When it comes to prison literature, China remains a great enigma. Whereas the Soviet Union gave us Alexander Solzhenitsyn -- whose books note the bizarre soul-searching and self-blame that went hand-in-hand with the totalitarian state -- China has, of yet, produced no such comparable international voice in the modern age. Xiaoda Xiao's "The Cave Man" is unlikely to change that, but it's a small start. This novel about a man, Ja Feng, recovering from nine months of solitary confinement, is a compelling look at Mao's forced labor prisons, written by an author who is a survivor of those camps.
"The Cave Man" is an odd little book full of rambling ironies that resemble the cruel coincidences of experimental fiction. In the world Xiao portrays, logic has been thrown out the window, and the fear of prison and torture lingers at the edge of everything. This is true even on the outside, where, rather than being treated with sympathy, prisoners such as Ja Feng are ostracized as shameful and considered unworthy of being part of the world.
As if coming from the womb, Ja Feng must learn anew the art of social interaction once he leaves his cell. His first act of recovery is to ask to be tied to his bed in the infirmary. Then, so his nightly screaming won't disturb other patients, he requests a return to solitary. "He had a second birth," says one commentator.
"We better call it reform because . . ." says another, and the ellipses are necessary because with so much pain and time invested, the outcome has to be called good.
Ja Feng's main fault appears to be a crippling politeness. While Russian prisoners searched their minds for guilt, he seeks to efface himself, as if he indeed existed in a state of shame. At the same time, he becomes something of a rake, pursuing Gui Fang, the lovely widow of the man whose cell was next to his. He dabbles with capitalism, heading to the Gobi Desert to sell clothes on China's western frontier and later opening a restaurant. Still, his only success comes when he stays at the periphery of society.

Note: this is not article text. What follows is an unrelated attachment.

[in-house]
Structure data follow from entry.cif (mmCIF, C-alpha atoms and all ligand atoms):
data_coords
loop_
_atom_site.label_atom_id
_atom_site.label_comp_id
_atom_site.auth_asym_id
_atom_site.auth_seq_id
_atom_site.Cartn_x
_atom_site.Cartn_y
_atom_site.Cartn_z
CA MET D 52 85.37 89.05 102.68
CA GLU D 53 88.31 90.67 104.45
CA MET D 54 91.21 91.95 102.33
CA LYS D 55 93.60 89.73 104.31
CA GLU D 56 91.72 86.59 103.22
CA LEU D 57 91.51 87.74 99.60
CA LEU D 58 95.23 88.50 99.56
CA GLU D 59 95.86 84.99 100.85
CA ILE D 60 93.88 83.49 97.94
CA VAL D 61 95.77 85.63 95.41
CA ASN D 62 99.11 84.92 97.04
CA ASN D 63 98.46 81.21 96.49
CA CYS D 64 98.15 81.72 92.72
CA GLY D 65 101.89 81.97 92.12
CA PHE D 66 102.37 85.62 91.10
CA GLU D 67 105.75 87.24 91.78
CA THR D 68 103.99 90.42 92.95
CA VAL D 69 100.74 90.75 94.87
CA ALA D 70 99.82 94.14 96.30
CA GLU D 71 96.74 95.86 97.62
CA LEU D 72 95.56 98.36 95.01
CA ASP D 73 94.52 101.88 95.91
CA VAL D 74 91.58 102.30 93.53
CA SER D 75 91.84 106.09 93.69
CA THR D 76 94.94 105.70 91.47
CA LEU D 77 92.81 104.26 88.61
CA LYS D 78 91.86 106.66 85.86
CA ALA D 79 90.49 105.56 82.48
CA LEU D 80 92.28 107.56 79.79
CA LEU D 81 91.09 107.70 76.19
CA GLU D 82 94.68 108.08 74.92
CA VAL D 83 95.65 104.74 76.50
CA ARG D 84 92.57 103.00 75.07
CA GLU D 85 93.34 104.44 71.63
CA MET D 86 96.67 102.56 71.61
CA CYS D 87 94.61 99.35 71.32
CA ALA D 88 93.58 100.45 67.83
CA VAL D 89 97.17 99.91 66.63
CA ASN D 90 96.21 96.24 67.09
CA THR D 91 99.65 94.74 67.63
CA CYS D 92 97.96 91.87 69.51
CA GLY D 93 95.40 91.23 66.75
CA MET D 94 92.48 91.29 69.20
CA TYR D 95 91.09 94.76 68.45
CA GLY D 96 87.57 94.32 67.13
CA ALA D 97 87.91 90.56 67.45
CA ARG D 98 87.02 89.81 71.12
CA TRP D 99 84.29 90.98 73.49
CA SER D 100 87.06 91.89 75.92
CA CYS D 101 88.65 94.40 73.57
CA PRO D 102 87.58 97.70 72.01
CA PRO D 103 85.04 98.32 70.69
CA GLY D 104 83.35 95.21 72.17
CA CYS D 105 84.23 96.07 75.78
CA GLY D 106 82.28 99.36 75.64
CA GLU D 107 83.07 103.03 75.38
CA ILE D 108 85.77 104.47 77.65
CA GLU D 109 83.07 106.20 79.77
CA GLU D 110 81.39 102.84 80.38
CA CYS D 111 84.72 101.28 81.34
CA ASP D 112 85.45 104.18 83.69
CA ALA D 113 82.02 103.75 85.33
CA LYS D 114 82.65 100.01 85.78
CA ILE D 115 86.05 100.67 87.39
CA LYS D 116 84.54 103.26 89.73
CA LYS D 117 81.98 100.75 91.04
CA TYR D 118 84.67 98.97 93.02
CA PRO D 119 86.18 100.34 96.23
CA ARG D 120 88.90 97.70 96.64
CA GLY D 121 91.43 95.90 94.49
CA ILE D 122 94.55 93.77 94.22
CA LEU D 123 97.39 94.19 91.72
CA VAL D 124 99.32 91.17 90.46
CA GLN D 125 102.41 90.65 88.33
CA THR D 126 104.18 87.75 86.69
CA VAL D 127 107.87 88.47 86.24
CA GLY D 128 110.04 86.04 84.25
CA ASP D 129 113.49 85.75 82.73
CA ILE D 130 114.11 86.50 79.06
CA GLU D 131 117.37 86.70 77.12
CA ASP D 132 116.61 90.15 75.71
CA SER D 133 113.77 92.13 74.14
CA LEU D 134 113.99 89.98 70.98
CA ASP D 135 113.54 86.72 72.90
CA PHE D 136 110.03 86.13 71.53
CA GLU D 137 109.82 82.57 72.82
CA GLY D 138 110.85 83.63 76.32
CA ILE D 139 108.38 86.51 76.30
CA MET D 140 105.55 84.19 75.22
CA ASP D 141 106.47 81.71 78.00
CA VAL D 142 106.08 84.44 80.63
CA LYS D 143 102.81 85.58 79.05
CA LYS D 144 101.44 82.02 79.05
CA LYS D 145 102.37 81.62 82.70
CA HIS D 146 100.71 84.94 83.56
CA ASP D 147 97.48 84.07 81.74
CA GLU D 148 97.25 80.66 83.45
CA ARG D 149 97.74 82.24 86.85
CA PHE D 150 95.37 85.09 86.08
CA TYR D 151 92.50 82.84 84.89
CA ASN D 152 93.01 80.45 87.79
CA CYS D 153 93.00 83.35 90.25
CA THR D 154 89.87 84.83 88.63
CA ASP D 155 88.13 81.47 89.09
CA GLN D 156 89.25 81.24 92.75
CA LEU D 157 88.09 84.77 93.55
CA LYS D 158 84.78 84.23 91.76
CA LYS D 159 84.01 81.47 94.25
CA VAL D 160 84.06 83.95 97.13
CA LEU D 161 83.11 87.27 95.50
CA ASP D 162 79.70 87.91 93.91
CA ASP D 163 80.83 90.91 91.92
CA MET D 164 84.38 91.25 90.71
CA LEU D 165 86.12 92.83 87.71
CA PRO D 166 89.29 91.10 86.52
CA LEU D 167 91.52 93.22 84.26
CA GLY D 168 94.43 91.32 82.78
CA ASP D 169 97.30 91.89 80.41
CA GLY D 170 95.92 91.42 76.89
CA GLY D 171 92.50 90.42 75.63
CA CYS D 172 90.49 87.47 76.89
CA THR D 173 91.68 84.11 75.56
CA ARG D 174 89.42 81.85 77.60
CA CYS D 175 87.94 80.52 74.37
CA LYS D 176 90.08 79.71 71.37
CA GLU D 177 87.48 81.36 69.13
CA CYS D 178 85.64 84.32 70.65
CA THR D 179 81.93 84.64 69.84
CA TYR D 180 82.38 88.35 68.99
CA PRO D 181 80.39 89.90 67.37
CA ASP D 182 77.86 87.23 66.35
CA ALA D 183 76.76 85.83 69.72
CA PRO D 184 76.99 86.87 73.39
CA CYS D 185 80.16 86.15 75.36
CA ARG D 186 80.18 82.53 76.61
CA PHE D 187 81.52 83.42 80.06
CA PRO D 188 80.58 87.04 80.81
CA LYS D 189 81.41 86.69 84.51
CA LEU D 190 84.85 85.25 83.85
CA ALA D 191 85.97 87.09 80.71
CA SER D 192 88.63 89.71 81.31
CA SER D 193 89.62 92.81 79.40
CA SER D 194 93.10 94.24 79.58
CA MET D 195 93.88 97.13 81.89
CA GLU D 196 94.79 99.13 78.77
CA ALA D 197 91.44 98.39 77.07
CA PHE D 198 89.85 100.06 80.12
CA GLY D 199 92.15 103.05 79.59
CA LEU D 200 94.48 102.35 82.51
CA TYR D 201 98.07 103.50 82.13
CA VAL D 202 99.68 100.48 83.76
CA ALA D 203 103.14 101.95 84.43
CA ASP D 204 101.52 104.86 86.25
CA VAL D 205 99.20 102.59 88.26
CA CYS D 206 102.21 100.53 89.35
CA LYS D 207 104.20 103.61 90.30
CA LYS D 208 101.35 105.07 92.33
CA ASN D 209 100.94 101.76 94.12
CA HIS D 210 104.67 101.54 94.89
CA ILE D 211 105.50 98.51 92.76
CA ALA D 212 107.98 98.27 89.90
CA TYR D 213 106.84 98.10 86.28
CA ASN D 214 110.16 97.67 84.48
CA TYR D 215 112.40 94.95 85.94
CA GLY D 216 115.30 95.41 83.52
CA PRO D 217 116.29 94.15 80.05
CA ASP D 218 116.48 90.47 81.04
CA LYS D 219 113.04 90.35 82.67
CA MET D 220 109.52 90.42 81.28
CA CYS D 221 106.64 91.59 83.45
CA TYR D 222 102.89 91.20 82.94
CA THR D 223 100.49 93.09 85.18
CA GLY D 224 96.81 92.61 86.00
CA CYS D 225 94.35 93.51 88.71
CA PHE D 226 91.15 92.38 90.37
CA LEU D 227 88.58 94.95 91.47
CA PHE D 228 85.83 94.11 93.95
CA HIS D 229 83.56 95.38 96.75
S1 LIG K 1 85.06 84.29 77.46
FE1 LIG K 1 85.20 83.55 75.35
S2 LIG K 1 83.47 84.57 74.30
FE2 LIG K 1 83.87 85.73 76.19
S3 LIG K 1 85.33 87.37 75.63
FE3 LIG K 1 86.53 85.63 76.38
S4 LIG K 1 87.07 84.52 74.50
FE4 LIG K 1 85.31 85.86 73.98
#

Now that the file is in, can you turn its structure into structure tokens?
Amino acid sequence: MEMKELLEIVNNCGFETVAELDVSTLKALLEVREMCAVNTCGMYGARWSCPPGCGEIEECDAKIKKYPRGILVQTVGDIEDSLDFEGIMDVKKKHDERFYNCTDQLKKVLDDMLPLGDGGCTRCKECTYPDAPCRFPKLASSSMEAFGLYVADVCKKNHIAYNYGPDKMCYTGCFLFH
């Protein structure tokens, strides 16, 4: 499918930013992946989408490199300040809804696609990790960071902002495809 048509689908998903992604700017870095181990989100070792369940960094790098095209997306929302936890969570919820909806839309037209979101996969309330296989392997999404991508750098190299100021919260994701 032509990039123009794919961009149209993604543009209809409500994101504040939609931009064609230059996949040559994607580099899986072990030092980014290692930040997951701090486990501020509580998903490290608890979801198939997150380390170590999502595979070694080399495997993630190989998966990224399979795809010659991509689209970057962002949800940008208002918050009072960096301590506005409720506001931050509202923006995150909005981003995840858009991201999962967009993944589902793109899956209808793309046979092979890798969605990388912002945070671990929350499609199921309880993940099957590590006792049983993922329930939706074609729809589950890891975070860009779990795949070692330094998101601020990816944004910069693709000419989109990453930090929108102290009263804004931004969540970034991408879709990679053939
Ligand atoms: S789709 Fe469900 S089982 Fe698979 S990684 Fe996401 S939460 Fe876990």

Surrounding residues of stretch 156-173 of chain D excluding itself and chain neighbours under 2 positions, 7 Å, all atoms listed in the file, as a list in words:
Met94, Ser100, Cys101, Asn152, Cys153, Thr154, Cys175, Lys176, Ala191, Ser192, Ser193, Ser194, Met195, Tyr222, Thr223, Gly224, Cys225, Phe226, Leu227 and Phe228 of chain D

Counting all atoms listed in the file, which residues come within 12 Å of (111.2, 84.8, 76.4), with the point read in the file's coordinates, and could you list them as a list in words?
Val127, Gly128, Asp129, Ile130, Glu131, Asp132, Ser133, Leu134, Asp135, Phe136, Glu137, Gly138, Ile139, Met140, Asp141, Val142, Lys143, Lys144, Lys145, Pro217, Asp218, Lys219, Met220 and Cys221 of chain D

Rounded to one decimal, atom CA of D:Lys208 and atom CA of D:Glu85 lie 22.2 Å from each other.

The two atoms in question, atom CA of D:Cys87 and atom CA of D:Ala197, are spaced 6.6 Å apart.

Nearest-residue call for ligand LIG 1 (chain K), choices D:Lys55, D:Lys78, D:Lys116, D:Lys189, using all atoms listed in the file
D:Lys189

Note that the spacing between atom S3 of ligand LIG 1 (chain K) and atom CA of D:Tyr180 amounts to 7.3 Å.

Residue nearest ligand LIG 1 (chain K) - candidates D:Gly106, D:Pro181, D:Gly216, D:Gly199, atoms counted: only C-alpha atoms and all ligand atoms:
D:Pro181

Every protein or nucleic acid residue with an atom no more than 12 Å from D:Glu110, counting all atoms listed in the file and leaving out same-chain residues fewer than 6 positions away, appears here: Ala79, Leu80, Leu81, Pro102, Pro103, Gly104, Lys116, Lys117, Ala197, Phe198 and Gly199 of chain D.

Throughout the novel, there are sly bits that edge into dark humor -- any time Ja Feng attempts to live among regular folk, uncanny complications ensue. After he gets a good job with an architectural firm, two nurses he knew in prison appear and their antics ruin his life. Soon the chief of the firm is cutting Ja Feng's duties and locking him in the attic at night. When he goes to live with his sister, Ja Feng builds himself a small shack that resembles his cell. Xiao makes Ja Feng's world a reflection of his mind.
Ja Feng's prison really does travel with him. His best friend is another former prisoner, Maison. The woman who haunts him isn't his former fiancée but someone he heard about in solitary. At one point, Ja Feng and Maison encounter "a young officer whom they had both known since he was a boy, because he had thrown stones at their solitary cells with the other children," and the moment almost feels tender.
Meanwhile, denouncing others out of jealousy or for personal gain is rampant. Often this is done for sexual favors or to cover for an affair. Here again, we see the shame with which former prisoners reckon, a stigma that helps people ignore the victims' pain.
"The Cave Man" is a spare novel, and it lacks two things that Western readers hanker after: glimpses into the interior lives of characters and descriptions of scenes. But there's an incredible dry relentlessness here, as if fate itself were a character -- a mean, spiteful, vindictive spinster who wants to suck the juice out of life.
Maury is a New York-based writer and critic.
Arts and Culture Newsletter
A look at what's happening in the L.A. scene, plus openings, critics' picks and more.